Boom in LNG facilities continues despite reported glut

Fuel Fix:
A global glut of liquefied natural gas is creating questions about when a “second wave” of LNG export projects will move forward after Cheniere Energy’s first shipments out of Louisiana this year.

Five U.S. LNG export projects are under construction, including in Freeport and Corpus Christi, but many are awaiting both regulatory approval and corporate decisions on whether to invest billions of dollars during a market downturn.

Perhaps the most brazen project is The Woodlands-based NextDecade’s Rio Grande LNG project in Texas. NextDecade proposes building what could be the nation’s largest LNG export facility, with the first of three phases scheduled to come online in 2020. The $6 billion project would be constructed on 1,000 acres at the Port of Brownsville near the Mexican border.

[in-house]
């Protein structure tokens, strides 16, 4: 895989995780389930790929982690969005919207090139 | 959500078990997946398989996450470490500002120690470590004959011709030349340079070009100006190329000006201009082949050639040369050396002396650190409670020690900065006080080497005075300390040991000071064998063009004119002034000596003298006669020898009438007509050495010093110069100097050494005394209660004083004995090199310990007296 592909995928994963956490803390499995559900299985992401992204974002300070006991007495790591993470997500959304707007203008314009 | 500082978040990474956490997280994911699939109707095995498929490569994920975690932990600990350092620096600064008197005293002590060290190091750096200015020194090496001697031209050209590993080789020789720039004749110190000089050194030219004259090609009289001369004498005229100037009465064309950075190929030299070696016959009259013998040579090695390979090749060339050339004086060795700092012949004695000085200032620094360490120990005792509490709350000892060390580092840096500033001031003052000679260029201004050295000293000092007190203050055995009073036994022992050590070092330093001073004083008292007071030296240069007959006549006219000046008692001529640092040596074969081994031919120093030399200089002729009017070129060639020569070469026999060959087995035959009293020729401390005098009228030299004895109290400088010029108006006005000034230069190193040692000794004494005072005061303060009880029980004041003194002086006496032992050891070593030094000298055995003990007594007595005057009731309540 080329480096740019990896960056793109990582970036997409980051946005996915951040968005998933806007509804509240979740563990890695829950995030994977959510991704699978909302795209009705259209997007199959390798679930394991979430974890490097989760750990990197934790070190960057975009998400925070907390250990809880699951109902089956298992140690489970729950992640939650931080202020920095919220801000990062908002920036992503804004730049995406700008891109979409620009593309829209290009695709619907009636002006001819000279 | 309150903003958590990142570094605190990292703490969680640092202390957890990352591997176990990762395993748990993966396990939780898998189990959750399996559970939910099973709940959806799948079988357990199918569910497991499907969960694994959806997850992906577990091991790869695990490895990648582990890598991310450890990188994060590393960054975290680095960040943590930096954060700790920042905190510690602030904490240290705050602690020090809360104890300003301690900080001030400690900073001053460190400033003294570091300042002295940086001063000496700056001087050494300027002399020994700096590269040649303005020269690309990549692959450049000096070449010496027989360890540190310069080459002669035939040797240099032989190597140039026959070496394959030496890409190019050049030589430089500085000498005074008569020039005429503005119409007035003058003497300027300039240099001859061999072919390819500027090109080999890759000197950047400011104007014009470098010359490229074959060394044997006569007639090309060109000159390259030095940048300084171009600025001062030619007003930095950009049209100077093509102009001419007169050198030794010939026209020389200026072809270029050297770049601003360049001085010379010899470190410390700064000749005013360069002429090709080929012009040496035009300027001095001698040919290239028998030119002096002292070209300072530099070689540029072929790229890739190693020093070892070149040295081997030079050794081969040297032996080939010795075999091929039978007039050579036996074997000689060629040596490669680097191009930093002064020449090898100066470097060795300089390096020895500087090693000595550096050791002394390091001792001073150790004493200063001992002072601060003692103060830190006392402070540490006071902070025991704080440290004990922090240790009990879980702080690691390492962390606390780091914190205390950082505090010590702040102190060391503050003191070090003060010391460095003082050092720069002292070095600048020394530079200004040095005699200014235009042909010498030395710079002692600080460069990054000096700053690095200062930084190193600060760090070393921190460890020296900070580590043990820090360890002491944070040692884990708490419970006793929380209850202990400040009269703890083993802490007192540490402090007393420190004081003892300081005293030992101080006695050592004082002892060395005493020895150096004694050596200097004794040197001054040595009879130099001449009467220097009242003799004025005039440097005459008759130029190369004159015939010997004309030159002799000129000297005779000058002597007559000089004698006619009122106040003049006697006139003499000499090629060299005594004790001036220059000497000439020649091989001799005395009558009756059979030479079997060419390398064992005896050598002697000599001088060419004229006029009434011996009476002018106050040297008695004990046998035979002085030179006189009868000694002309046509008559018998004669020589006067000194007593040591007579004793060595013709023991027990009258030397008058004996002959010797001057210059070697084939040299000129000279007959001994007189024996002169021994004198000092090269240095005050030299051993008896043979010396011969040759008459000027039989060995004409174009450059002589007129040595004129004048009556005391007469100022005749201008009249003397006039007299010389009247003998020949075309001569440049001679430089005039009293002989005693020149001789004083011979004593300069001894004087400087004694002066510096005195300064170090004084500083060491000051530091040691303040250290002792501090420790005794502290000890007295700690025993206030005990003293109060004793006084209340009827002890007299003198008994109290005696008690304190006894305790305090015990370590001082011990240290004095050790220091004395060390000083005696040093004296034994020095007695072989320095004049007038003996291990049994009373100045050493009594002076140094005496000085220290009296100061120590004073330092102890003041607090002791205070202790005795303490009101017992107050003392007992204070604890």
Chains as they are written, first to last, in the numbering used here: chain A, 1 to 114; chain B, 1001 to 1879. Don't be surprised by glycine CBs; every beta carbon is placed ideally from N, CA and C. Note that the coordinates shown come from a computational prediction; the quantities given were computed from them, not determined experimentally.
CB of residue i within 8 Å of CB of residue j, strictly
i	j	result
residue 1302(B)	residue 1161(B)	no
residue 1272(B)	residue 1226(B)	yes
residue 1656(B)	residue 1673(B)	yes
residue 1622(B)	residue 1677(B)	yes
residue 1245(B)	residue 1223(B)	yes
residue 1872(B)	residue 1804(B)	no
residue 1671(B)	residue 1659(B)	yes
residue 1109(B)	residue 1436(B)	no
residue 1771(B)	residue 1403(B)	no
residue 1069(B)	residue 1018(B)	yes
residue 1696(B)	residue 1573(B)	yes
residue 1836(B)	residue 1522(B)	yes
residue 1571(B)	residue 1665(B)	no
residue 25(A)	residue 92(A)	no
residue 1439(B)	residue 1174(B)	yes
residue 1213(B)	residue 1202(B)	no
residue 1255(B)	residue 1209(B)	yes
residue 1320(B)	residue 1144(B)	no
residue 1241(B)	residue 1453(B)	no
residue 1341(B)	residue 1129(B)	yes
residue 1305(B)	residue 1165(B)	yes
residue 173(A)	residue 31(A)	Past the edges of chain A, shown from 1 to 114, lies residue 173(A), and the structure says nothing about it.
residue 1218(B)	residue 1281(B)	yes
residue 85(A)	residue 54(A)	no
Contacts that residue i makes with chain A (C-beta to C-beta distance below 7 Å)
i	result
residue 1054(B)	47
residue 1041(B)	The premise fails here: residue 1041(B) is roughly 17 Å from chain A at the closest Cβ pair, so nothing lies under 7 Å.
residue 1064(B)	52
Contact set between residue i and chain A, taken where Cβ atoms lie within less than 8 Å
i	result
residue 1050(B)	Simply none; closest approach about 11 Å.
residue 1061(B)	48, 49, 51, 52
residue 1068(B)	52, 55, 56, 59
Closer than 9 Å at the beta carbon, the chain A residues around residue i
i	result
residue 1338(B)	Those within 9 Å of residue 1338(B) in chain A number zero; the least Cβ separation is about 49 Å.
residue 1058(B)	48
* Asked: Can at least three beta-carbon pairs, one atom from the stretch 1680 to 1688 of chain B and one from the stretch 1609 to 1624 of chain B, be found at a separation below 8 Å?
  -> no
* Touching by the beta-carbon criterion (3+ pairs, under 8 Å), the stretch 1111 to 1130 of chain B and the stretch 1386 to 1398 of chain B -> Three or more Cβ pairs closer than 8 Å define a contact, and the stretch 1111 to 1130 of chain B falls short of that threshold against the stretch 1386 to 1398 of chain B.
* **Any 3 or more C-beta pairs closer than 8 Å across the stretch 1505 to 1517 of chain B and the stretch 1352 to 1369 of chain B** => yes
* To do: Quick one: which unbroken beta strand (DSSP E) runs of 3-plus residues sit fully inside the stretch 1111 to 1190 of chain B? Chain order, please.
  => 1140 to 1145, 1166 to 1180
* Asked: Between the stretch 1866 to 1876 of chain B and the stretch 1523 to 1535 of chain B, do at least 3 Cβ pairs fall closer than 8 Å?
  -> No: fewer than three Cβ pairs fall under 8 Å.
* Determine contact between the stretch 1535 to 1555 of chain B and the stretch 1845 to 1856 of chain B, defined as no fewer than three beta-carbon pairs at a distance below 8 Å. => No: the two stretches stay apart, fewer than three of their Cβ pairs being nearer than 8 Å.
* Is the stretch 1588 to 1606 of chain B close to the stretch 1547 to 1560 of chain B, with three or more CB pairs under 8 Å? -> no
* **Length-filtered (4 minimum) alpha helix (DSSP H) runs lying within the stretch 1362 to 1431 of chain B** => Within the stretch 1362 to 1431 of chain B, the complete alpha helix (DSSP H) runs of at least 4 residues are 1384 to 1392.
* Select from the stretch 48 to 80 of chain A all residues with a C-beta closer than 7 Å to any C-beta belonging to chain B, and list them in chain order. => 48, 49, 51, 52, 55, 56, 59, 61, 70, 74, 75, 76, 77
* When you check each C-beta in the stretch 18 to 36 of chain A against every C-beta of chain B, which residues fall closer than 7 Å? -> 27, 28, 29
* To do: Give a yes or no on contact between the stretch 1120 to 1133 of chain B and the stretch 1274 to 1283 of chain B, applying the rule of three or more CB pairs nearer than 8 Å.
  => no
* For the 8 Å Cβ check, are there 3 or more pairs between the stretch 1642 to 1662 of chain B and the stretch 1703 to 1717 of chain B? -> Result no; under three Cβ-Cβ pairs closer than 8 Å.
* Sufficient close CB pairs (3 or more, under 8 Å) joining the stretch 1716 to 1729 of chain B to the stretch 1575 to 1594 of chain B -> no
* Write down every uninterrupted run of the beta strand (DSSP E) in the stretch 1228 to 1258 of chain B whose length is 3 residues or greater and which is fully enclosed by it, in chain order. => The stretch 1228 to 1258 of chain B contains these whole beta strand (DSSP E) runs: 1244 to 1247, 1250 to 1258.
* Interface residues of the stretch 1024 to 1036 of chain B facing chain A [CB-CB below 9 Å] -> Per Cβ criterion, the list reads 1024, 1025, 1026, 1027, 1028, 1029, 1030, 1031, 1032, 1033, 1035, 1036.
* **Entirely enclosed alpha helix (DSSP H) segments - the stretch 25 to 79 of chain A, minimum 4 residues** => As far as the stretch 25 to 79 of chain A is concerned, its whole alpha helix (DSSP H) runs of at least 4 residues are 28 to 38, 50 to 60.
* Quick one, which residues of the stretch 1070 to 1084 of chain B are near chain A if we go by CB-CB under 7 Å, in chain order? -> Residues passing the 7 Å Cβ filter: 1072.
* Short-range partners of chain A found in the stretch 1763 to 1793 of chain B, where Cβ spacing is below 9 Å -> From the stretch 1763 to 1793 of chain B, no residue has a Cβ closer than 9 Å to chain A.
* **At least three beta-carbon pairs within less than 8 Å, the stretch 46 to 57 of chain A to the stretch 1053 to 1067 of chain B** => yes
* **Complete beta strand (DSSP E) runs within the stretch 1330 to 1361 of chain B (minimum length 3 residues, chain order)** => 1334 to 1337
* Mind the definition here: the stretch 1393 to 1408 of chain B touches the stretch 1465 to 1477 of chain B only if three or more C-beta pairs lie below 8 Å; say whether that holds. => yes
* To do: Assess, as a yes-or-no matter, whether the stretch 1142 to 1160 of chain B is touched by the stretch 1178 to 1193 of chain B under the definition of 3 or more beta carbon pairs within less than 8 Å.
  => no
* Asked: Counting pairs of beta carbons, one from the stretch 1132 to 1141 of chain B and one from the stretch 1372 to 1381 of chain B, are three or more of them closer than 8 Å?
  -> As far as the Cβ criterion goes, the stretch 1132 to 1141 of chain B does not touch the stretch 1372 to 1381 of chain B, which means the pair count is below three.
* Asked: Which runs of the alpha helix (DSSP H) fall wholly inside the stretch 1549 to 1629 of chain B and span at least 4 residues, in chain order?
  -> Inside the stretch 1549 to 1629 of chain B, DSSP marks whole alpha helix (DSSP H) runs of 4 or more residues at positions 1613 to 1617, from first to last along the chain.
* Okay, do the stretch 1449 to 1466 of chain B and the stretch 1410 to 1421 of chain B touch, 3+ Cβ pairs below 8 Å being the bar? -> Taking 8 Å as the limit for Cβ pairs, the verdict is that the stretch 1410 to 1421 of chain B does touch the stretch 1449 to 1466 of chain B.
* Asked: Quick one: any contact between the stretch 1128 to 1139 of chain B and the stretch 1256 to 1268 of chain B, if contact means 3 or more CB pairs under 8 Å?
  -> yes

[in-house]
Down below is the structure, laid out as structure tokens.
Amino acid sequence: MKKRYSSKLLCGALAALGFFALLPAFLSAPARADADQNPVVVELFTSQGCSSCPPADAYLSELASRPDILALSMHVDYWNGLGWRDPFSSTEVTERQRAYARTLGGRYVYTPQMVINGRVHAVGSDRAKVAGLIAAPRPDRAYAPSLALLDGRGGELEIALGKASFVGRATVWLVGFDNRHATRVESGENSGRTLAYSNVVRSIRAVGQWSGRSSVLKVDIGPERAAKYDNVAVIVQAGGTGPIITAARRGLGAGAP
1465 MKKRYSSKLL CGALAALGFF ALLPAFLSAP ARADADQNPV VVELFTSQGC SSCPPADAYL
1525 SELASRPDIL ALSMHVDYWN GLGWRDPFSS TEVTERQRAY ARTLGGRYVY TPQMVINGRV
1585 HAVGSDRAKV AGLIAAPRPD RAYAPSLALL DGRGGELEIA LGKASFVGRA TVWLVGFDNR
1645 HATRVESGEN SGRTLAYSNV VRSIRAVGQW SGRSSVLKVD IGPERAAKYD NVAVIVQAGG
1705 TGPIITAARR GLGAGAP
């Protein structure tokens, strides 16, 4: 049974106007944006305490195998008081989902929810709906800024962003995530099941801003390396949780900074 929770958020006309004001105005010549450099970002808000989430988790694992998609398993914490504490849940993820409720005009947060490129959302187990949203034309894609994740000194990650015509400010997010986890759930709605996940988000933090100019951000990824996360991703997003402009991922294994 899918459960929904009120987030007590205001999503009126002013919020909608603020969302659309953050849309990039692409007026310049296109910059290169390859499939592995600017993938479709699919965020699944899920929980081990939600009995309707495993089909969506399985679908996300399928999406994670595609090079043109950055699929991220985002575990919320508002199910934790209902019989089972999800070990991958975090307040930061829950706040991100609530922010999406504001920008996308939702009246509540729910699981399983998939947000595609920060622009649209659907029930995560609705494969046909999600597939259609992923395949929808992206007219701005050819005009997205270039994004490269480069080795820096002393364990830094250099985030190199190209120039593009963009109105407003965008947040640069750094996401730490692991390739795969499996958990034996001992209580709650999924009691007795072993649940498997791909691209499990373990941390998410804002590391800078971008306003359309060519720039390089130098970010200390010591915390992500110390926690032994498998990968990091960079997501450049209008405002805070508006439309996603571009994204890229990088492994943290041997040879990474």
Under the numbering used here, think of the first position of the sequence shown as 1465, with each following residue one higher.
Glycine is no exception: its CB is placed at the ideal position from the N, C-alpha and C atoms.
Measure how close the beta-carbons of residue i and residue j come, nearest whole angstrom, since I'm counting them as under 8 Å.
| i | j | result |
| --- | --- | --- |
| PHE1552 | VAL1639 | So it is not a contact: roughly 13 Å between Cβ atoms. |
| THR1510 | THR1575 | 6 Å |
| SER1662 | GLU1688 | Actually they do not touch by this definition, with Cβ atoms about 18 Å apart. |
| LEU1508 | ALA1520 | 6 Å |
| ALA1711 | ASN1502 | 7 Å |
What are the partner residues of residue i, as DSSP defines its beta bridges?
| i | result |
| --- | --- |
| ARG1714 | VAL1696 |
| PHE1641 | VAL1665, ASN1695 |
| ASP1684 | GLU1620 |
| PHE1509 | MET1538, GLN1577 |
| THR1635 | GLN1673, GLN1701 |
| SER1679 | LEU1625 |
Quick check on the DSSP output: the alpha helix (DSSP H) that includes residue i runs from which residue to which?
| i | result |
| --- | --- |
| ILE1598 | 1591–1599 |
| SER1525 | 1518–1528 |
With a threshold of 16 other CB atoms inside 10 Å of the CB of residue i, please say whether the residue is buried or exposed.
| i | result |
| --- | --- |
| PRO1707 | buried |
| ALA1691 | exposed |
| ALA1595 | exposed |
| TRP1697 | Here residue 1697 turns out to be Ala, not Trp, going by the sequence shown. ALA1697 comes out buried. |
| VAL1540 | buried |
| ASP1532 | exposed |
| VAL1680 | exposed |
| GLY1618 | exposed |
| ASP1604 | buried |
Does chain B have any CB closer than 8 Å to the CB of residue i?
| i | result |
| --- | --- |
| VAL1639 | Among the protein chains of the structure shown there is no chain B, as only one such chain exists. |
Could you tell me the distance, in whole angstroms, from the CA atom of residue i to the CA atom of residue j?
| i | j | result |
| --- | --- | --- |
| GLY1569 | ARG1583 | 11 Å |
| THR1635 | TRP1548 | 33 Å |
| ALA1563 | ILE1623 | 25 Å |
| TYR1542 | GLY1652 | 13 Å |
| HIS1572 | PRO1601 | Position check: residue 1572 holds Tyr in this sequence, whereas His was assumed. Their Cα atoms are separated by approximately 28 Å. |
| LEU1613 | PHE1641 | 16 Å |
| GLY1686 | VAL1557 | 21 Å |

“We want to be the leader of the second wave of export projects out of the U.S.,” said NextDecade CEO Kathleen Eisbrenner, a former executive at Royal Dutch Shell before founding the company in 2010.

Many industry analysts and executives expect LNG demand to pick up after 2020 as countries reduce their reliance on coal, in part from international accords on climate change. The expansion of the Panama Canal, which will accommodate LNG tankers, will make Asian markets more accessible to Texas and other Gulf Coast exporters.
There is more on the story at A

I think the potential for growth is still there, especially in Europe where countries are dependent on the undependable Russian supply.  It makes good strategic sense to compete with the Russians in supplying our allies.


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